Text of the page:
A. Assume every hitter will play 162 games and each pitcher will make 32 starts. Make the suspensions based on the percentage of games/starts that will be missed by each player instead of just the sheer number. So in the case above, if Youk is going to be suspended for 5 games (3% of his games), MLB needs to ensure that Porcello is suspended for the same amount of starts (= 1 start).

B. It is easy to make sure that a hitter misses the appropriate time; he simply won't play. Pitchers are a little trickier since the rotation can be manipulated in such a way that enables a suspended player to not miss a start, thereby not hurting his team. There needs to be a way to ensure that a pitcher actually misses time from the team otherwise the suspension is essentially moot from the team's standpoint. But by suspending both yet leaving them on the active roster, a team leaves an open spot on the active roster. This is why I suggest placing suspended players (both hitters and pitchers) on a Suspended List that acts as a Disabled List in that the team can call up a player to fill the open spot on the roster left by the suspended player. If a pitcher is suspended for 1 start, he must remain on the SL until three (or four, depending on if the team requires a fifth starter at that point in the season) of his rotation mates have pitched in front of him.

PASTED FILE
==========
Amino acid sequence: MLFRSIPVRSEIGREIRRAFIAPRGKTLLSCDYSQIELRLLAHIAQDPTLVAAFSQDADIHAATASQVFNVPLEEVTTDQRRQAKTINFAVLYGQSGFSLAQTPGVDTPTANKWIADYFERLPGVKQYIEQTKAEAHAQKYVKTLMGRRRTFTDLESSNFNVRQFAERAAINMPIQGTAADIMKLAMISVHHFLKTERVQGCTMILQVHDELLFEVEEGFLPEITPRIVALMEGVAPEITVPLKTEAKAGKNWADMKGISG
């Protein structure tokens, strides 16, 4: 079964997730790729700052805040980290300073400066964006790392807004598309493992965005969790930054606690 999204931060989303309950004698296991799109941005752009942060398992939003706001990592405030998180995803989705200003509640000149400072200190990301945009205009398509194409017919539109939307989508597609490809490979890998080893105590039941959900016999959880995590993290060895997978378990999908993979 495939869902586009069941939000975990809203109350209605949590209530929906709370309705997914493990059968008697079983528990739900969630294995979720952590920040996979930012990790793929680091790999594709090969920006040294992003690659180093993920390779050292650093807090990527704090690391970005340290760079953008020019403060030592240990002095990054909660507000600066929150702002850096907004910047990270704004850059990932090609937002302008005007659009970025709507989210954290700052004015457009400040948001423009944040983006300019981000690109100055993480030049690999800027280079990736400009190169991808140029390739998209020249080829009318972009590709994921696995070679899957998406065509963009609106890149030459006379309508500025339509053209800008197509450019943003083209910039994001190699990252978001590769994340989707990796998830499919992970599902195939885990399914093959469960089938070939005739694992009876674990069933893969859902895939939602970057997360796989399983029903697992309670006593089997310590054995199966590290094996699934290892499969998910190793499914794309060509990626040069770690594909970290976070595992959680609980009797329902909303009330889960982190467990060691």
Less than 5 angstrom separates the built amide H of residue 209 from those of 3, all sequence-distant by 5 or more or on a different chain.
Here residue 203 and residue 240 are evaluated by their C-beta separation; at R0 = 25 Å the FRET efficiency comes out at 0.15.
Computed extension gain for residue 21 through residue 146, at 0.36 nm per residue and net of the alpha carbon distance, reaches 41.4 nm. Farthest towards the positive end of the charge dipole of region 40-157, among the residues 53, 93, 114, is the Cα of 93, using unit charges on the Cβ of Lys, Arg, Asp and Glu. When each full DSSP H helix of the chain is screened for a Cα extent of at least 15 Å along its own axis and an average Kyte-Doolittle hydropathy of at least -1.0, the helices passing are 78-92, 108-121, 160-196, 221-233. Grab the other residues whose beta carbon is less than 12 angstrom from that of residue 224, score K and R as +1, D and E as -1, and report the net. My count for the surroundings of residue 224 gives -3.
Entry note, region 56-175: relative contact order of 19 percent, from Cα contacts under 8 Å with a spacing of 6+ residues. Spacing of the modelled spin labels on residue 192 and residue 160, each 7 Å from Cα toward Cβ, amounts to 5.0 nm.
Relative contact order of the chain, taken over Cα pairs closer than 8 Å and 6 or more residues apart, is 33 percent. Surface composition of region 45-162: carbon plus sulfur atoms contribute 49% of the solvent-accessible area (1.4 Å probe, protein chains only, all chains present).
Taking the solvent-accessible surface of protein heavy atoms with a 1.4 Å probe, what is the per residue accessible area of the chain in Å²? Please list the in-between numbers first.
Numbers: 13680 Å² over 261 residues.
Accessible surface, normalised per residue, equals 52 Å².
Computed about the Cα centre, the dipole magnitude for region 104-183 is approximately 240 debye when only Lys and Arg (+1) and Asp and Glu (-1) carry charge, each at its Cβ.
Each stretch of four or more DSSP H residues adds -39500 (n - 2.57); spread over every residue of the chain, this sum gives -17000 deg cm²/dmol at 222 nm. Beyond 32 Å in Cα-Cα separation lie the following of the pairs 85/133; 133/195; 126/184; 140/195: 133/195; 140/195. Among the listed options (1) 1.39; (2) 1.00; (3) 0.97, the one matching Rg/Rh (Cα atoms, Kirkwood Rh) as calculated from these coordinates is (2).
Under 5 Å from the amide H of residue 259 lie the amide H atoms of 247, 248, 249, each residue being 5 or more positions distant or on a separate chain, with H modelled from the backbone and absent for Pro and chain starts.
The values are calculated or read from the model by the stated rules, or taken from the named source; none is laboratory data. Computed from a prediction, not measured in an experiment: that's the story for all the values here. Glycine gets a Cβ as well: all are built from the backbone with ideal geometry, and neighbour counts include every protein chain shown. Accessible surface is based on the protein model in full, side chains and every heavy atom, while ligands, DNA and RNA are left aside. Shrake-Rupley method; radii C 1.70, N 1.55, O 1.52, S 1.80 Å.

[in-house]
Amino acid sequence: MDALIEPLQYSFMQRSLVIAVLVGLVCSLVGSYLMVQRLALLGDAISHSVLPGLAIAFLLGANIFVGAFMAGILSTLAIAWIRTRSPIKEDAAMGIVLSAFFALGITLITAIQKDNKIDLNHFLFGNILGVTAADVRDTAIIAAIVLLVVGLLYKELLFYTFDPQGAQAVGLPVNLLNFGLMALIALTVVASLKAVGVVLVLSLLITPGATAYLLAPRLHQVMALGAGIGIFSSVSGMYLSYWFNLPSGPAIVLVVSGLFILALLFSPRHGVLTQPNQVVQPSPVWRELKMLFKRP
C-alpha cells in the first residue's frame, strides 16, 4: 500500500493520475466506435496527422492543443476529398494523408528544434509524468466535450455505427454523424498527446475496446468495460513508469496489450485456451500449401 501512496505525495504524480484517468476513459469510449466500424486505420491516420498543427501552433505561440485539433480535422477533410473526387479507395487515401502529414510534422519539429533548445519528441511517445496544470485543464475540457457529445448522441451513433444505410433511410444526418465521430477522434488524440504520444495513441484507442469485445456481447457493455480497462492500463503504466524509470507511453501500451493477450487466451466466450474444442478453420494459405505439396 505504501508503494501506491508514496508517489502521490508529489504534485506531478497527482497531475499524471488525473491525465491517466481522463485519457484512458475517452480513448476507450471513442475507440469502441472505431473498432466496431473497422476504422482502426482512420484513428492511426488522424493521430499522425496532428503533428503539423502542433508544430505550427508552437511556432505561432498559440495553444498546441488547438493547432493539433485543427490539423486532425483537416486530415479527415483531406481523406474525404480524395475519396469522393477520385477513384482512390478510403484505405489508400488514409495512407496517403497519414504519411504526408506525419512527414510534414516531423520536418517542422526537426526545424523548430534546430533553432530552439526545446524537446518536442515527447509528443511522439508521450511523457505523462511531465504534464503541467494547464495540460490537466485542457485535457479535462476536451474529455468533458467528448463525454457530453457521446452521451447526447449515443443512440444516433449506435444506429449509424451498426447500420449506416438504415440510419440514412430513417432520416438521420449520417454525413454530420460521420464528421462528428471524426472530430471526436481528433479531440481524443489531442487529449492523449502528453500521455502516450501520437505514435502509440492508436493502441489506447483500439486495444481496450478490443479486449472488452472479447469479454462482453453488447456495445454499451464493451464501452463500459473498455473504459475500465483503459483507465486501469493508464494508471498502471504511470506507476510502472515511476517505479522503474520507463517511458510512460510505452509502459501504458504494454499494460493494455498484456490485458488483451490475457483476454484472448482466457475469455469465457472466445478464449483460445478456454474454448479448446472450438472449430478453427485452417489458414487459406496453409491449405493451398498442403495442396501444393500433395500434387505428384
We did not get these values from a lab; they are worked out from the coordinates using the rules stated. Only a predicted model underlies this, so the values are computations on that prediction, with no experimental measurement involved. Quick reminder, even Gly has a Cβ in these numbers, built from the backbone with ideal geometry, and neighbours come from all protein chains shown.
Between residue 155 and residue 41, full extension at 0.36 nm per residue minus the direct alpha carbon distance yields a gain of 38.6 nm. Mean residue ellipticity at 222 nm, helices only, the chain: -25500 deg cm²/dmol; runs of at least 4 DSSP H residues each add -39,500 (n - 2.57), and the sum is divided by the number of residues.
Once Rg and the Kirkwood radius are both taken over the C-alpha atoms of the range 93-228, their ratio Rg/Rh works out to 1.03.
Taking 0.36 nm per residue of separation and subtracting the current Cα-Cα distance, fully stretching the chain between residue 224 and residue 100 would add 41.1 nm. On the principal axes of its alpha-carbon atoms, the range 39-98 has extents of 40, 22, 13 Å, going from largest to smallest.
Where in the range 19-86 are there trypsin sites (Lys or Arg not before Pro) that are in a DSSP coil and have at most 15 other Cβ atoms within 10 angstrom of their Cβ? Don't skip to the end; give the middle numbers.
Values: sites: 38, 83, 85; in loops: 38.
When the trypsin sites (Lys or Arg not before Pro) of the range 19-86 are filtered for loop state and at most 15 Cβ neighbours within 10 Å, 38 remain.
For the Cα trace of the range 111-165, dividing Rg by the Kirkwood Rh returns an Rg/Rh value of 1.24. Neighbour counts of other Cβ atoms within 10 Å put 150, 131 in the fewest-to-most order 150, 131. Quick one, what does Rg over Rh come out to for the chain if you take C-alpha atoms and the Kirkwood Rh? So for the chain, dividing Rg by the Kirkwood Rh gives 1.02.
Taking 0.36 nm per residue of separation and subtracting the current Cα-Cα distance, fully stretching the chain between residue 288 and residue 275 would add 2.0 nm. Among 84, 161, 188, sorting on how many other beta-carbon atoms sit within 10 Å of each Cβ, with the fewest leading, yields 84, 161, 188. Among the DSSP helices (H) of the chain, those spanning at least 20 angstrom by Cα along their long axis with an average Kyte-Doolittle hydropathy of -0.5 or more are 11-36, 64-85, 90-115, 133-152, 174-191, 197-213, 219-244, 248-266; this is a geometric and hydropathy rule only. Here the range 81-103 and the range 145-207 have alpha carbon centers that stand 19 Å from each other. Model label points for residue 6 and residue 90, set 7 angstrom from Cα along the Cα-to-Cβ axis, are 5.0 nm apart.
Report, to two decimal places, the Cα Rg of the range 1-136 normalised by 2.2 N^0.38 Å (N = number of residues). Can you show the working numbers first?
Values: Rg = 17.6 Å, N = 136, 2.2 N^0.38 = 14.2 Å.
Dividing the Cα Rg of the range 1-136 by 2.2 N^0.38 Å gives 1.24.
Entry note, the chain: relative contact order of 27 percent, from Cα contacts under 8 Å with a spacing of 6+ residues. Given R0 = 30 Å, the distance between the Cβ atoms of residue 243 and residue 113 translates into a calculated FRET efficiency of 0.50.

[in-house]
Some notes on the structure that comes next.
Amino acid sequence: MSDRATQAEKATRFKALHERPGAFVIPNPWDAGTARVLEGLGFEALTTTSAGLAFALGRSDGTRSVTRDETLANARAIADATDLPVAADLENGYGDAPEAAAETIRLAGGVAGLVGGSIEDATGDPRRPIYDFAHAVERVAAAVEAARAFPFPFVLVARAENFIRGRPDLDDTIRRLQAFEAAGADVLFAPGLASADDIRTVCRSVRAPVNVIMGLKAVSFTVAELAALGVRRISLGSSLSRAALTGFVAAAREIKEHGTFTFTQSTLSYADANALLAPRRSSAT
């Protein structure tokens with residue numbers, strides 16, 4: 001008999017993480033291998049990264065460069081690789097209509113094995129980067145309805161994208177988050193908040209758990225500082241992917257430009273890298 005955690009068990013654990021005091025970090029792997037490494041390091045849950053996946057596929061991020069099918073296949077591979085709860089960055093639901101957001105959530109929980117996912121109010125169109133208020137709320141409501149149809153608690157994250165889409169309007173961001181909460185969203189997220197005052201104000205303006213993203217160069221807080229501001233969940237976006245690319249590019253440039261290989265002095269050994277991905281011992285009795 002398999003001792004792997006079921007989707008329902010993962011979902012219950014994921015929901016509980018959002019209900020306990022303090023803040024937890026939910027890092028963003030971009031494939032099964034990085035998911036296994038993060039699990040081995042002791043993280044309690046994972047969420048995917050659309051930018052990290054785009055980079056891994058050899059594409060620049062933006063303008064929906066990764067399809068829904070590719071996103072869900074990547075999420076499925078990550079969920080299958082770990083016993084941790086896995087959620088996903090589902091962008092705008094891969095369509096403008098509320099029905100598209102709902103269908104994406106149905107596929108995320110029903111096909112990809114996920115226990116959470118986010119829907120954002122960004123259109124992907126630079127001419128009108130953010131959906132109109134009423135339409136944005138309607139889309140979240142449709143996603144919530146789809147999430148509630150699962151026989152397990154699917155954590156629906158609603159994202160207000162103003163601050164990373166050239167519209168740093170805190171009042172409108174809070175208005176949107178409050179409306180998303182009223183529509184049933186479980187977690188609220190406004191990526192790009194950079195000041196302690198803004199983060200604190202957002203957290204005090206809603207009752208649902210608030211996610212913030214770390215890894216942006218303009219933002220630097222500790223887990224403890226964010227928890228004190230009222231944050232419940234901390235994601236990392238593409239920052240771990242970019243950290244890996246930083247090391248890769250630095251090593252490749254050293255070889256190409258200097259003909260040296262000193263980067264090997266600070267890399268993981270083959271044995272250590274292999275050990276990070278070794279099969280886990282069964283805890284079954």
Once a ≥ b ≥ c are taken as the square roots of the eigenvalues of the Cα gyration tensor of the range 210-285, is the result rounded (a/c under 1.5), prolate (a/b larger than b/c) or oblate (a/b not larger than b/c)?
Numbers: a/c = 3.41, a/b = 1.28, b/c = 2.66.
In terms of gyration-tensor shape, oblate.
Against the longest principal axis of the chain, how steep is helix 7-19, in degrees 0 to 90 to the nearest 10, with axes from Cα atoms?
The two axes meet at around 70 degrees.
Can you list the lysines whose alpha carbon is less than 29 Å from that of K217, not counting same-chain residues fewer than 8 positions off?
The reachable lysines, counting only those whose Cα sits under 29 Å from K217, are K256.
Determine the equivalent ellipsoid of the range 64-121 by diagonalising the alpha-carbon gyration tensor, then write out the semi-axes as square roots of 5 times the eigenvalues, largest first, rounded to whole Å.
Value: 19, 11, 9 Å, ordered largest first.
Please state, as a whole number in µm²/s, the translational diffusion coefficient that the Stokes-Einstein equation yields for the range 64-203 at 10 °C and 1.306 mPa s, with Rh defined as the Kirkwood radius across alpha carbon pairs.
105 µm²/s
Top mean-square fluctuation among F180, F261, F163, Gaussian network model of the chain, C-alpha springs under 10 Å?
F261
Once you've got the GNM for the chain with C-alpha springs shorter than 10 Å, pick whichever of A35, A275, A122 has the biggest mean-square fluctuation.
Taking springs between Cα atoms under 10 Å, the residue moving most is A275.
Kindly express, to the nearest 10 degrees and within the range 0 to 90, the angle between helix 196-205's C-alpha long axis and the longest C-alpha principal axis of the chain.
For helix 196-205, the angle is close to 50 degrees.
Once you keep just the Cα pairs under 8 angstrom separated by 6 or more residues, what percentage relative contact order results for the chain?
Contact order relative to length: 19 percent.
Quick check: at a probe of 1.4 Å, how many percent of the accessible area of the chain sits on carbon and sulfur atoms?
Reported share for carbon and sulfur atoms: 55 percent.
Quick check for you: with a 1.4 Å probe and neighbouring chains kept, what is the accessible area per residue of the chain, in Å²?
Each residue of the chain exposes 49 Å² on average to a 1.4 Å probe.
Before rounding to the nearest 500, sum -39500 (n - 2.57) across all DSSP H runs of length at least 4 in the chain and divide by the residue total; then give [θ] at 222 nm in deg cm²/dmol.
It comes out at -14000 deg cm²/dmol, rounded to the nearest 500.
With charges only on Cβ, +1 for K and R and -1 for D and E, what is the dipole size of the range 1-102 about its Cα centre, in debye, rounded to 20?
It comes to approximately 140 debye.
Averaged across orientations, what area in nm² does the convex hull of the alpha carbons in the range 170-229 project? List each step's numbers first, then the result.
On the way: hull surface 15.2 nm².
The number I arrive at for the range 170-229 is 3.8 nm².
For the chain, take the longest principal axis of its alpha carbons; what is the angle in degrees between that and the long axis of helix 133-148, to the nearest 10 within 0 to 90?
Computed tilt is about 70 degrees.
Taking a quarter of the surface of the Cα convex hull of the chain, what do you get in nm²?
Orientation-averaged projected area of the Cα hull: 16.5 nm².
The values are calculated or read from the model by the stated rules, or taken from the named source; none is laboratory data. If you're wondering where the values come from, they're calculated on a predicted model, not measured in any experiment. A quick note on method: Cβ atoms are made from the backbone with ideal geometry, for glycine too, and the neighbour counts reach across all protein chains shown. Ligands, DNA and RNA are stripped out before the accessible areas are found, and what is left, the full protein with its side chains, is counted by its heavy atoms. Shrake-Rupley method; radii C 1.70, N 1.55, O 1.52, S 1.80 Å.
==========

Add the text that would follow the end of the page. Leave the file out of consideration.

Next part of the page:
So for example if Porcello is suspended for one start, and he just pitched on Aug. 25, he would be suspended for Aug 26, 27, 28, 29, miss his start on the 30th and not be eligible to pitch again until Sept 4th. The Tigers would place him on the SL so they could replace his open spot on the roster and then they could activate him on Sept 4th and remove his replacement from the roster.

C. Time on the suspension list for hitters will amount to a loss of a paycheck for time spent on the list, but not so for the pitchers. If a hitter is suspended for 5 games, he will spend 5 games on the SL and forfeit his paycheck for 5 games. If a pitcher is suspended for the pitcher equivalent of 5 games (i.e. 1 start), he will forfeit one start check but be required to spend the appropriate time on the SL.

This is just one creative way of fixing the problems associated with suspending players. Would love to hear questions/comments from others.

Bill Maher

"Hi, I'm Bill. I'm a birth survivor."

Conservative Hypocrisy

Sarah Palin: